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Old 10-11-2011, 11:10 PM   #1
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Cadillac Unveils New CUE Infotainment System ahead of Debut in XTS, We Try It!



Cadillac has just released a first batch of information on its new CUE infotainment system which, if nothing else, will shock the heck out of grandpa. The system will debut in the 2013 XTS, itself set to debut at the LA auto show in November—that’s the XTS’s interior above—and then will proliferate throughout the Cadillac lineup in the coming years. CUE stands for Cadillac User Experience, although we think it really stands for “We thought of this name first, then made things to stand for it.”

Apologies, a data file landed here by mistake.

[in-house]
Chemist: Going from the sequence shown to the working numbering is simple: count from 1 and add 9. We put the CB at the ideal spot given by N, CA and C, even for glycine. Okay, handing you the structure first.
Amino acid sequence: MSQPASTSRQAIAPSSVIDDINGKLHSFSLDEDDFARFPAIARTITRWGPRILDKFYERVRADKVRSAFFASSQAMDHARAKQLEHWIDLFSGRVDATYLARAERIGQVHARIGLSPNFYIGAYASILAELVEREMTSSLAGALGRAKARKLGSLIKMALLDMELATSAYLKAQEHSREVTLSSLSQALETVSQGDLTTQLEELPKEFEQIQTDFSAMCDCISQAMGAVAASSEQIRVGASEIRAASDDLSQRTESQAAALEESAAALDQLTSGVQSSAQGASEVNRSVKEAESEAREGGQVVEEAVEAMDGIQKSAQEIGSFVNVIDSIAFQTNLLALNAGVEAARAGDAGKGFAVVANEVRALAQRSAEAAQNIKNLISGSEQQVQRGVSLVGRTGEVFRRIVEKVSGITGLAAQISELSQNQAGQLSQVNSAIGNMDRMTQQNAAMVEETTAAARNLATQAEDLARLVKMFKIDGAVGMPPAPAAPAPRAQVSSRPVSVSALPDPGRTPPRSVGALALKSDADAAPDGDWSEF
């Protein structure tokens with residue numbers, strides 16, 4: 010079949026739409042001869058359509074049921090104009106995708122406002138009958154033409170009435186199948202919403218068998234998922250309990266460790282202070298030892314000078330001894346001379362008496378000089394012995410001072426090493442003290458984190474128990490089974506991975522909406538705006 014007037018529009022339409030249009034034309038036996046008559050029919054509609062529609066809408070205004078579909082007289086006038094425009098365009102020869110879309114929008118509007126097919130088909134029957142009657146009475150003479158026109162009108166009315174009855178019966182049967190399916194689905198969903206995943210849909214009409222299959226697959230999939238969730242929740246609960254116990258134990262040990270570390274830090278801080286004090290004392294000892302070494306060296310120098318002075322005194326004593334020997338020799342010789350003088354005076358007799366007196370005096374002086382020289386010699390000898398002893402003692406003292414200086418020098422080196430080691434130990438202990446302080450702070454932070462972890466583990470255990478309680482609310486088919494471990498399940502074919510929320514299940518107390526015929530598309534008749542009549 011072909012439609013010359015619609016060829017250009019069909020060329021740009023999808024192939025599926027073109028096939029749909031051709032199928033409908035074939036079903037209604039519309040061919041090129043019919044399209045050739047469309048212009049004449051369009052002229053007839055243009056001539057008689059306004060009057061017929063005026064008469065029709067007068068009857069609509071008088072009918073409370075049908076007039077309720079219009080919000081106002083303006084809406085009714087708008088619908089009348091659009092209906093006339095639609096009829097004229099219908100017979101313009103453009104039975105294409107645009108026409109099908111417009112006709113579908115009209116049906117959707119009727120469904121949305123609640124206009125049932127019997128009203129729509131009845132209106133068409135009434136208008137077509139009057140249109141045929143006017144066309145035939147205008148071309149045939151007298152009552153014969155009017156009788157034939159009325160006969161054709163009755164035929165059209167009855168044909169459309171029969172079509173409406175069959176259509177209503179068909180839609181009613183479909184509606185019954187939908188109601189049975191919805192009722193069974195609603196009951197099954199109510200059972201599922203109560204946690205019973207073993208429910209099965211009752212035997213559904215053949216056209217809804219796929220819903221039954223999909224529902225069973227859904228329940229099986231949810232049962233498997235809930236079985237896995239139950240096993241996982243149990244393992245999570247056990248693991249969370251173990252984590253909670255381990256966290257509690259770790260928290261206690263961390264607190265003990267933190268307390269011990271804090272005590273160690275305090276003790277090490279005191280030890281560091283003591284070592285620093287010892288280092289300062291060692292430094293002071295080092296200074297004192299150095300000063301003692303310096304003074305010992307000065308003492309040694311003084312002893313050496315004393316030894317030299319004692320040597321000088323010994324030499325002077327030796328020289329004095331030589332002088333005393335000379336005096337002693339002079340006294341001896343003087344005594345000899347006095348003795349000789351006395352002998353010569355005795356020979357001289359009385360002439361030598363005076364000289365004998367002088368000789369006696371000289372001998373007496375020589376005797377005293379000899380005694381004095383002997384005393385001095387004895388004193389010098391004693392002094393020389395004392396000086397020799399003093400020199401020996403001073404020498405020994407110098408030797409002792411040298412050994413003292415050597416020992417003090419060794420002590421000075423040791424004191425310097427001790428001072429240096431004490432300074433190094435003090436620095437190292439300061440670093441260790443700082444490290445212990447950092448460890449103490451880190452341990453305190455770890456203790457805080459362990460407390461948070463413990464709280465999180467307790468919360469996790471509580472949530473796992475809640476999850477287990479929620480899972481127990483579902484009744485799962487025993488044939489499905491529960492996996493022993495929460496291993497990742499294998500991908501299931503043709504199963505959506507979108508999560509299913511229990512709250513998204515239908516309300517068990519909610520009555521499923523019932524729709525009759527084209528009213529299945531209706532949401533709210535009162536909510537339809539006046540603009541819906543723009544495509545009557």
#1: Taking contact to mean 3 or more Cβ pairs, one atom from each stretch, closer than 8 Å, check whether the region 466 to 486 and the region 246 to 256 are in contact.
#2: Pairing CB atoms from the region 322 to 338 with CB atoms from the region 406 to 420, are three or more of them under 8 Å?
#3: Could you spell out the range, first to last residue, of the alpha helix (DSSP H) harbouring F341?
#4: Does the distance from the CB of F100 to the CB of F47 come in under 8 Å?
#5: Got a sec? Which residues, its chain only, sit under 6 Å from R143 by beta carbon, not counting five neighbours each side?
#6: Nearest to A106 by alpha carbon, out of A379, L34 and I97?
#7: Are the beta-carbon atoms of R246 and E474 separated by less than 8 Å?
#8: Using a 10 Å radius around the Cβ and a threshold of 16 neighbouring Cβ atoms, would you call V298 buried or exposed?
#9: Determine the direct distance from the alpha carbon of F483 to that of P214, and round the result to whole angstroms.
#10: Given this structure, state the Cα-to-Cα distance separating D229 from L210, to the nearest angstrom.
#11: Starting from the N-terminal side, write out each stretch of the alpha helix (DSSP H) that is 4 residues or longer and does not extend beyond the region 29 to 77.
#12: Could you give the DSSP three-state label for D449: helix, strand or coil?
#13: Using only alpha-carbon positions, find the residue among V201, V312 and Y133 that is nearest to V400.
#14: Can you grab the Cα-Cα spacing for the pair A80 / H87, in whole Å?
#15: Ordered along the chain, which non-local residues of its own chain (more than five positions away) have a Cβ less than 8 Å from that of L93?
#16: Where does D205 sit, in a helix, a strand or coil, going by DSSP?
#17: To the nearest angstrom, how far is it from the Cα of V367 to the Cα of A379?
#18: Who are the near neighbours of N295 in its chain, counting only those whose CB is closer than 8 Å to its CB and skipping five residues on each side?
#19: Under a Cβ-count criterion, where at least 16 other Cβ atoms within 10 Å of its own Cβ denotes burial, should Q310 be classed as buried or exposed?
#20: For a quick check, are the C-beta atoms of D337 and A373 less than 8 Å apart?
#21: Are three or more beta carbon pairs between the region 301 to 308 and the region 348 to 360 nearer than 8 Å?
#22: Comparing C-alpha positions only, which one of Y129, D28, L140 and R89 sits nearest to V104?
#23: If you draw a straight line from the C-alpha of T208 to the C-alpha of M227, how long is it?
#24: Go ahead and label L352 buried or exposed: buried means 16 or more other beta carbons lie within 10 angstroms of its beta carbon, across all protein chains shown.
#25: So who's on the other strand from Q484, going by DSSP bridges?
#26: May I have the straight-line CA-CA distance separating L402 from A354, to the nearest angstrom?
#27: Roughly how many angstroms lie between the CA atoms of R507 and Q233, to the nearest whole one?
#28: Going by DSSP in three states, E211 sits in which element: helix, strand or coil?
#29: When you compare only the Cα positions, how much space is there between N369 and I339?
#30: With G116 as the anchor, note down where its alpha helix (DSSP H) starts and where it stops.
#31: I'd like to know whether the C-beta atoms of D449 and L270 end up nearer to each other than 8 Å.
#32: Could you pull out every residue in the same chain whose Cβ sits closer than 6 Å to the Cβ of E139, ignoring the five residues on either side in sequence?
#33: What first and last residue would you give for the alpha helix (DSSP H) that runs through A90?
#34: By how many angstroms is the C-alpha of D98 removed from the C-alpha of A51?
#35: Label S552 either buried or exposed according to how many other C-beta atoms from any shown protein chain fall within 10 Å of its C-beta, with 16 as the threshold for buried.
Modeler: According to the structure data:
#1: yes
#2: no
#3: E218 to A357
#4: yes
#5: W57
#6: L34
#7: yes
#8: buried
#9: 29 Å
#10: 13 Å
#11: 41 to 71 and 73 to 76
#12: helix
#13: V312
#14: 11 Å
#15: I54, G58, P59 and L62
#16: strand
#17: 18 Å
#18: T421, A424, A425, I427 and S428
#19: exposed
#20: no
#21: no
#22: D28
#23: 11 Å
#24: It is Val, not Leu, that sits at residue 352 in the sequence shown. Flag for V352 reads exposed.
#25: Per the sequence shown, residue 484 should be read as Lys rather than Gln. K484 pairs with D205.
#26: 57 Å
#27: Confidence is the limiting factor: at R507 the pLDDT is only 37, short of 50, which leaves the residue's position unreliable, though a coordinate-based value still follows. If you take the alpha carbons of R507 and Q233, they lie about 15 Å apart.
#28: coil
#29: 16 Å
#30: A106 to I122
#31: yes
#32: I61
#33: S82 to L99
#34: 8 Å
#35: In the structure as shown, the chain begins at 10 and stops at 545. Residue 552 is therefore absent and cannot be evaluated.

The CUE system really has three big components. There’s an entirely touch-sensitive center stack, an eight-inch capacitive touchscreen display at the top of that, and a giant all-digital screen replacing the gauge pods in front of the driver. From a design standpoint, the effect on the dashboard is that the new system creates a very clean surface, and the chrome—or chrome-inspired—trim lends a modern appearance. It’s attractive in the way an off-the-rack men’s suit might embody mass-produced slickness, but whether CUE actually works on a day-to-day basis without inspiring fits of profanity is the real question.

More Like an iPad: The Center Screen